Naritasan Park

The grounds around the Naritasan Shinsho-ji Temple form a beautiful park with many walking paths for quiet meditation. Creeks flow down the hillside, around picturesque rock outcroppings, to a koi filled pond. You can even purchase fish food to feed the many multicolored koi while enjoying your own lunch in a shoreline kiosk.

Naritasan Shinsho-ji Temple

On our last day in Japan we were in the city of Narita, which is located about an hour and a half west of Tokyo by train. Our flight from Narita Airport back to SFO wasn’t until late in the evening. So, we decided to check out the Naritasan Shinsho-Ji Buddhist temple, monastery and library complex during the day. We were totally unprepared for the amazing structures, grounds and experience of this busy religious site! We even stumbled upon a public prayer with resident monks providing burnt prayer offerings and blessings of personal items for the congregation! Unfortunately, we could not photograph or film anything inside the temples. But, if you think the exterior is impressive, it’s nothing compared to the spectacular colors, artistry, craftsmanship, detail and spirituality of the interiors! Not to mention the mesmerizing chants of the monks during prayer!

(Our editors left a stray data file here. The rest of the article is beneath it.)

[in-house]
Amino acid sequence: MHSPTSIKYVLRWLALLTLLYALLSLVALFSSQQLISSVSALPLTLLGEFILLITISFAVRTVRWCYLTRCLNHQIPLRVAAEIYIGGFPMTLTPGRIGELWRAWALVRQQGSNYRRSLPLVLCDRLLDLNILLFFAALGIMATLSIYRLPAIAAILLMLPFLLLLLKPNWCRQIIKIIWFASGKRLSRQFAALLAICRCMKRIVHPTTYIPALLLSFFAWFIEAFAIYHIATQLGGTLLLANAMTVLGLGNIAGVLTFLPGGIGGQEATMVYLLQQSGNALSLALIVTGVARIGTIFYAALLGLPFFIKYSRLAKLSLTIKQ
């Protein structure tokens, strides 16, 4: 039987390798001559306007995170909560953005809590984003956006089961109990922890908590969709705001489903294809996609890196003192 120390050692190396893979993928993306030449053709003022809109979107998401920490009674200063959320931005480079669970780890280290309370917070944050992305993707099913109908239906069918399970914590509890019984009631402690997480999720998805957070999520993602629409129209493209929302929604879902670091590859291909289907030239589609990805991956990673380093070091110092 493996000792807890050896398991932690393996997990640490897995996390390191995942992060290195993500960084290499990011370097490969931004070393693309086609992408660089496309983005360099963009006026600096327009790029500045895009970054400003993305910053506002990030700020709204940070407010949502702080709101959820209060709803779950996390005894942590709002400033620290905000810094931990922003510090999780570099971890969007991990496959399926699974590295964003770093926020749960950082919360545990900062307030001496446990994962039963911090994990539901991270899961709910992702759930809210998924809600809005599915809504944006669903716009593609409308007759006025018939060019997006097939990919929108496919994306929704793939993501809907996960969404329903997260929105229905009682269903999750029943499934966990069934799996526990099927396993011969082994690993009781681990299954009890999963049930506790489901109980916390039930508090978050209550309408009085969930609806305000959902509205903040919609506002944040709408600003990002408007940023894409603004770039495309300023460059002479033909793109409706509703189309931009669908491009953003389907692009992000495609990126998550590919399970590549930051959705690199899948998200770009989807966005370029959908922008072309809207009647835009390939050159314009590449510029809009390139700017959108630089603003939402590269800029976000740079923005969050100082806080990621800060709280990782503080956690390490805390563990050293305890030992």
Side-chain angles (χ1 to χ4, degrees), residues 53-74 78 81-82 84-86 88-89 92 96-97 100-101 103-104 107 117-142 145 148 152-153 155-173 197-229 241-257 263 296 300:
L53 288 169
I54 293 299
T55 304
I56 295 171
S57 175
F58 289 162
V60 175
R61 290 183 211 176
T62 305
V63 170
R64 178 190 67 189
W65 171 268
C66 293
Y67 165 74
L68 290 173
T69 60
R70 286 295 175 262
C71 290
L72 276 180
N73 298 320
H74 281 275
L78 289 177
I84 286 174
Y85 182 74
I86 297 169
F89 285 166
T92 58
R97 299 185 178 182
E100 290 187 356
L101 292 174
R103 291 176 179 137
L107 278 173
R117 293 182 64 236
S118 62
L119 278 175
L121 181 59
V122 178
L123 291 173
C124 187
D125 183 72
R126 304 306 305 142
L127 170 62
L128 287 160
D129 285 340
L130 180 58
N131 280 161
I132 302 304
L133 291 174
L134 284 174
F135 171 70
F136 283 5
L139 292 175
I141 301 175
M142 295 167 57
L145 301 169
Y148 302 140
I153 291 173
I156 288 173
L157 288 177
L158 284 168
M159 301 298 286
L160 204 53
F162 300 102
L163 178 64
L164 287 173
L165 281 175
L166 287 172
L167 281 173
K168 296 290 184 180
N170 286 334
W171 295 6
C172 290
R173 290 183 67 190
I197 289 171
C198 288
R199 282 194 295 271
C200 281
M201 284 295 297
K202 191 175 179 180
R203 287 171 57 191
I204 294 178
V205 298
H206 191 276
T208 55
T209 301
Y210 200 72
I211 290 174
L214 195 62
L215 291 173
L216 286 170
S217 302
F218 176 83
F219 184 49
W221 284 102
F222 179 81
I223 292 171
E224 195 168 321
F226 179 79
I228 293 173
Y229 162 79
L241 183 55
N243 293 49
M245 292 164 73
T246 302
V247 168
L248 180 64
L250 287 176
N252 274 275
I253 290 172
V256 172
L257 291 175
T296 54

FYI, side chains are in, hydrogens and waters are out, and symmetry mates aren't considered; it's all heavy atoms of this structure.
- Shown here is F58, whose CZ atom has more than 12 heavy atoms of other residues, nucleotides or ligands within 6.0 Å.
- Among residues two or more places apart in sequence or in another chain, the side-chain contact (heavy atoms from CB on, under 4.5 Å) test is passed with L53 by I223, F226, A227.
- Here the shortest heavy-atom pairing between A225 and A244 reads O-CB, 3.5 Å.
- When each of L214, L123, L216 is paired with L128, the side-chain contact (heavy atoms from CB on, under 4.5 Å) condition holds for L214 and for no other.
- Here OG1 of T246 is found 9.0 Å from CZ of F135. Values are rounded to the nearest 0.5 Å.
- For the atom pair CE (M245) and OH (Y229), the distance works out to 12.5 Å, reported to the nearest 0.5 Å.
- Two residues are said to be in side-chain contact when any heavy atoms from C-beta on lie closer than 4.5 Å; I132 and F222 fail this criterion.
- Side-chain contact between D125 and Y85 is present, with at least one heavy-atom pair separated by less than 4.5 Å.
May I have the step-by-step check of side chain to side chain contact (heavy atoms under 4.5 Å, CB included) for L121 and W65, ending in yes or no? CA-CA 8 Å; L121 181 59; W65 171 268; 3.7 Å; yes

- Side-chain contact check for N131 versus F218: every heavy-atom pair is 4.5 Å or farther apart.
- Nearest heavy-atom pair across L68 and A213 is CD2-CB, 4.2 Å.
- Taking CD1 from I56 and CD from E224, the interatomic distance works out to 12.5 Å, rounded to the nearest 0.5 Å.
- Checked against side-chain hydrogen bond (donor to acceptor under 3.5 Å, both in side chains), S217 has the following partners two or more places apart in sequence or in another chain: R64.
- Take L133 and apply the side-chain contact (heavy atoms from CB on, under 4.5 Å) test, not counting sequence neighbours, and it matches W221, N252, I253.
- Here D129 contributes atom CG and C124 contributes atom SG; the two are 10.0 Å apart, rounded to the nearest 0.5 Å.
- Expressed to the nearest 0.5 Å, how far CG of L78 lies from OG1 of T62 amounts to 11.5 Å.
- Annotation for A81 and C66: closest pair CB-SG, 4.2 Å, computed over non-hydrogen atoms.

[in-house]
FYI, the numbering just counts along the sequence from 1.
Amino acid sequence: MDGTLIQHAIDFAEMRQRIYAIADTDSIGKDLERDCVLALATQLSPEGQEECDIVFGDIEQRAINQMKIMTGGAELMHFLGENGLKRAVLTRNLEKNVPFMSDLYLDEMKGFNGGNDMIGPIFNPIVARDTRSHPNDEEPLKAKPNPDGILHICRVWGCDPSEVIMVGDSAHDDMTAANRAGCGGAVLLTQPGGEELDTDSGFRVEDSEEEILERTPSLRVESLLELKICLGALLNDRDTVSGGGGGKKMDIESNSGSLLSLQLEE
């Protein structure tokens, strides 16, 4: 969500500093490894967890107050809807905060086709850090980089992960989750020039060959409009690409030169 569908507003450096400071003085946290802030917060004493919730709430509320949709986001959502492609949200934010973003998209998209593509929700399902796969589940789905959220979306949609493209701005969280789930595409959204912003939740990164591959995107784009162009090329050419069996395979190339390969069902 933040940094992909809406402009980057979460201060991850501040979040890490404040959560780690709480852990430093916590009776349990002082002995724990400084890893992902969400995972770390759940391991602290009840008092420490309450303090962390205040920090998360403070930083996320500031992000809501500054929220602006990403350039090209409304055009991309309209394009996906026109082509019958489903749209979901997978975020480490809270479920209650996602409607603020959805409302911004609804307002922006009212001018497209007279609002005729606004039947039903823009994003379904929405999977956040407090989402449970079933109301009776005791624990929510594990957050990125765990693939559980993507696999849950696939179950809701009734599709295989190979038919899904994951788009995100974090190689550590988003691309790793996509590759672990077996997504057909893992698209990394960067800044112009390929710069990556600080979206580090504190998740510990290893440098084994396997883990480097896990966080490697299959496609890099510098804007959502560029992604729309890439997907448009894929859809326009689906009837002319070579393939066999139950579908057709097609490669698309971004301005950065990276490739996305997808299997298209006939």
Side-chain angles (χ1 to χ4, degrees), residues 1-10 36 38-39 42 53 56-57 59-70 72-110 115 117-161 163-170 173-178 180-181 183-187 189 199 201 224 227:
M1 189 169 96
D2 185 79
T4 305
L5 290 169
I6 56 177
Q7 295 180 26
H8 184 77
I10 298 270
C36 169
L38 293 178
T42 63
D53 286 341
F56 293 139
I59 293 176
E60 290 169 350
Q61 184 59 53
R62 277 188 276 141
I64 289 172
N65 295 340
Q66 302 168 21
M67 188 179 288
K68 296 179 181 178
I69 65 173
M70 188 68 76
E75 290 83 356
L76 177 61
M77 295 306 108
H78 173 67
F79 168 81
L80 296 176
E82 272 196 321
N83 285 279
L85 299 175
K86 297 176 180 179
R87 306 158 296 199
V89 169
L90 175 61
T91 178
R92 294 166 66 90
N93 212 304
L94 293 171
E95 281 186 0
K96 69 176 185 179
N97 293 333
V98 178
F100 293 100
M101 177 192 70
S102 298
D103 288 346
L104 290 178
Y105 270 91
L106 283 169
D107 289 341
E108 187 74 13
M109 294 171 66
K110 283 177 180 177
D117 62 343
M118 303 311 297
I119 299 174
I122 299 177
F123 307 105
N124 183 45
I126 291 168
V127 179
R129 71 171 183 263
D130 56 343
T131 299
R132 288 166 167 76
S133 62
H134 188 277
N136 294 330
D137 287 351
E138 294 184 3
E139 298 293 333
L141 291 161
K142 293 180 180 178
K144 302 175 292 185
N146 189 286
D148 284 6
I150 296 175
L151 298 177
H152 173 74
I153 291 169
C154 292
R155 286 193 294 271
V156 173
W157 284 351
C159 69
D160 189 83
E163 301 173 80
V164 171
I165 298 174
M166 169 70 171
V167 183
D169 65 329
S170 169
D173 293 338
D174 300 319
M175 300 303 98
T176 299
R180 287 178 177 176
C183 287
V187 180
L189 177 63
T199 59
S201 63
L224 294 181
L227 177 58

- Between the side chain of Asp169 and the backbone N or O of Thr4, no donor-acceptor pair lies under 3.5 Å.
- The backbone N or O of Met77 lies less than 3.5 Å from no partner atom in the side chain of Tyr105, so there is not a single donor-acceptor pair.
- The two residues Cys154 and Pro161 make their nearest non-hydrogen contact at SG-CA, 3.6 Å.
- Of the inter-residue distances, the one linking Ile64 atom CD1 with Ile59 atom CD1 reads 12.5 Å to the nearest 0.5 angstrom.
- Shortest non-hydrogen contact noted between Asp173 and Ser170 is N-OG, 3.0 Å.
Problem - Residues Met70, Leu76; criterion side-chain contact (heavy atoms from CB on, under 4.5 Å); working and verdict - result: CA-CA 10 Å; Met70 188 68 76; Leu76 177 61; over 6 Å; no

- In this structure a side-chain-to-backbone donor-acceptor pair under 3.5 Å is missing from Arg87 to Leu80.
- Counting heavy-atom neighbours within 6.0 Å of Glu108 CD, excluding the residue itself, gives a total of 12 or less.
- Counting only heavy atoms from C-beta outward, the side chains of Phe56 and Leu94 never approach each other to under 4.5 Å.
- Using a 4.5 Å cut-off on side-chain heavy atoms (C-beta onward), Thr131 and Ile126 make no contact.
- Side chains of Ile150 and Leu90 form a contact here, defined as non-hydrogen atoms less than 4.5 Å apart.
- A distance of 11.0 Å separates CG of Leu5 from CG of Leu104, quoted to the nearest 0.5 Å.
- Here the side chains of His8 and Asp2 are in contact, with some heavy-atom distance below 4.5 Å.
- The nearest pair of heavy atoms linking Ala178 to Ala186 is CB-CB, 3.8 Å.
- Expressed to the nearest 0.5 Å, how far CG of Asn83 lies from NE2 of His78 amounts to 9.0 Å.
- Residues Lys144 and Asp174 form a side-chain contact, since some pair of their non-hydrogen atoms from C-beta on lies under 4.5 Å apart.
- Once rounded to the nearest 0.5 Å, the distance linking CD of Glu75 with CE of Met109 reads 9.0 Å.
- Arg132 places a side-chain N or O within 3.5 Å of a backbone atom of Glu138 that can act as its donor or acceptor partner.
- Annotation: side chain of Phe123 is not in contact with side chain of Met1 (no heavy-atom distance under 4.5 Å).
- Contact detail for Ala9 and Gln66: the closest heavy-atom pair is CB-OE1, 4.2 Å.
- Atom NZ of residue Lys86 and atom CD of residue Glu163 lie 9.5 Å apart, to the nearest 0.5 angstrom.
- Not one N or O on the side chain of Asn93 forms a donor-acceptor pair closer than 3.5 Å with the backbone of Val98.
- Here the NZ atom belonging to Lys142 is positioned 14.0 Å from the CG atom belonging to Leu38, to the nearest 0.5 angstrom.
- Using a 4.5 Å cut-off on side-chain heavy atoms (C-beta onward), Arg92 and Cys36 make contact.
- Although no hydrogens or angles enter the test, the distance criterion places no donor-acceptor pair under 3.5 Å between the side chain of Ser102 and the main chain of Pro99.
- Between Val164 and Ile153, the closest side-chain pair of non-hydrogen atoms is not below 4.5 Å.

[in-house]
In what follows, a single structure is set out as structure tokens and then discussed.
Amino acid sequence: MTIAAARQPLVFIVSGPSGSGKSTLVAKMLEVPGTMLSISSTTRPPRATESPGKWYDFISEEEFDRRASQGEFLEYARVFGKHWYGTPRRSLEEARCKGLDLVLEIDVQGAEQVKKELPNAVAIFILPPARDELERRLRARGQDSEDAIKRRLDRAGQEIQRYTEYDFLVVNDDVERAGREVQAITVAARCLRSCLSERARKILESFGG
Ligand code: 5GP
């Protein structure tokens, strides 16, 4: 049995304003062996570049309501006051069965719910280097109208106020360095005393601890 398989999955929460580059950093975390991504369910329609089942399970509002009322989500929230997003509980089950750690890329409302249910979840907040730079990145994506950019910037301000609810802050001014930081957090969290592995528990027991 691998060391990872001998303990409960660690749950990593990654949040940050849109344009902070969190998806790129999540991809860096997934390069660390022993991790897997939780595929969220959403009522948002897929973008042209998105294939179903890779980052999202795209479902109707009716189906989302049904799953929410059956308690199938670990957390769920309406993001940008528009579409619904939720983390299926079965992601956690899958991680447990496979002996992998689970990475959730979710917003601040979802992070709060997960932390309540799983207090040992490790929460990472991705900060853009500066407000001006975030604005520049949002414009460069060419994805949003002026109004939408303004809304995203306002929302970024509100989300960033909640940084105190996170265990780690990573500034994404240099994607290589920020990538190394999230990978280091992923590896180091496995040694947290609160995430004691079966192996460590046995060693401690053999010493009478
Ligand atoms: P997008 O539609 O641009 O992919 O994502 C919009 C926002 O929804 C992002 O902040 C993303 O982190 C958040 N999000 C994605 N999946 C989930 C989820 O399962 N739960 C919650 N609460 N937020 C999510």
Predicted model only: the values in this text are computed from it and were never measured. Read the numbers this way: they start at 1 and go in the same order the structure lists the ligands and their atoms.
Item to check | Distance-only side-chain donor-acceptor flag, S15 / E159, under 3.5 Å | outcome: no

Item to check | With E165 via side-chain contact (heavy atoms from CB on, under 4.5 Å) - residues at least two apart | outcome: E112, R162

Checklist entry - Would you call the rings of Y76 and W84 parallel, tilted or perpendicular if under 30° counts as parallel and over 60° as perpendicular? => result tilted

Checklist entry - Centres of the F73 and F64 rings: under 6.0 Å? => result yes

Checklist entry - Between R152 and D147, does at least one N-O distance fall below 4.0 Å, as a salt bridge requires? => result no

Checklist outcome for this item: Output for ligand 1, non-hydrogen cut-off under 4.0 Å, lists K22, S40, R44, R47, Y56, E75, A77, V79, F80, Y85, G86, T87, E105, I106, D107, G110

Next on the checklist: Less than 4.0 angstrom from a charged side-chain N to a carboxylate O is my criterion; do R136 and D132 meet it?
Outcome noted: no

The main Naritasan Shinsho-ji Temple was built on a hillside in the year 940 around a sacred object – a statue of the Buddhist deity, Fudo Myoo. The statue was said to have been carved by the famous monk, Kobo Daishi, who founded the Shingon Sect of Buddhism. Fudo Myoo is one of the five lords of light and guards the Law of Buddhism, driving away evil with a rather threatening appearance. He is often symbolized by a sword, which is a repeating image seen around the temple complex.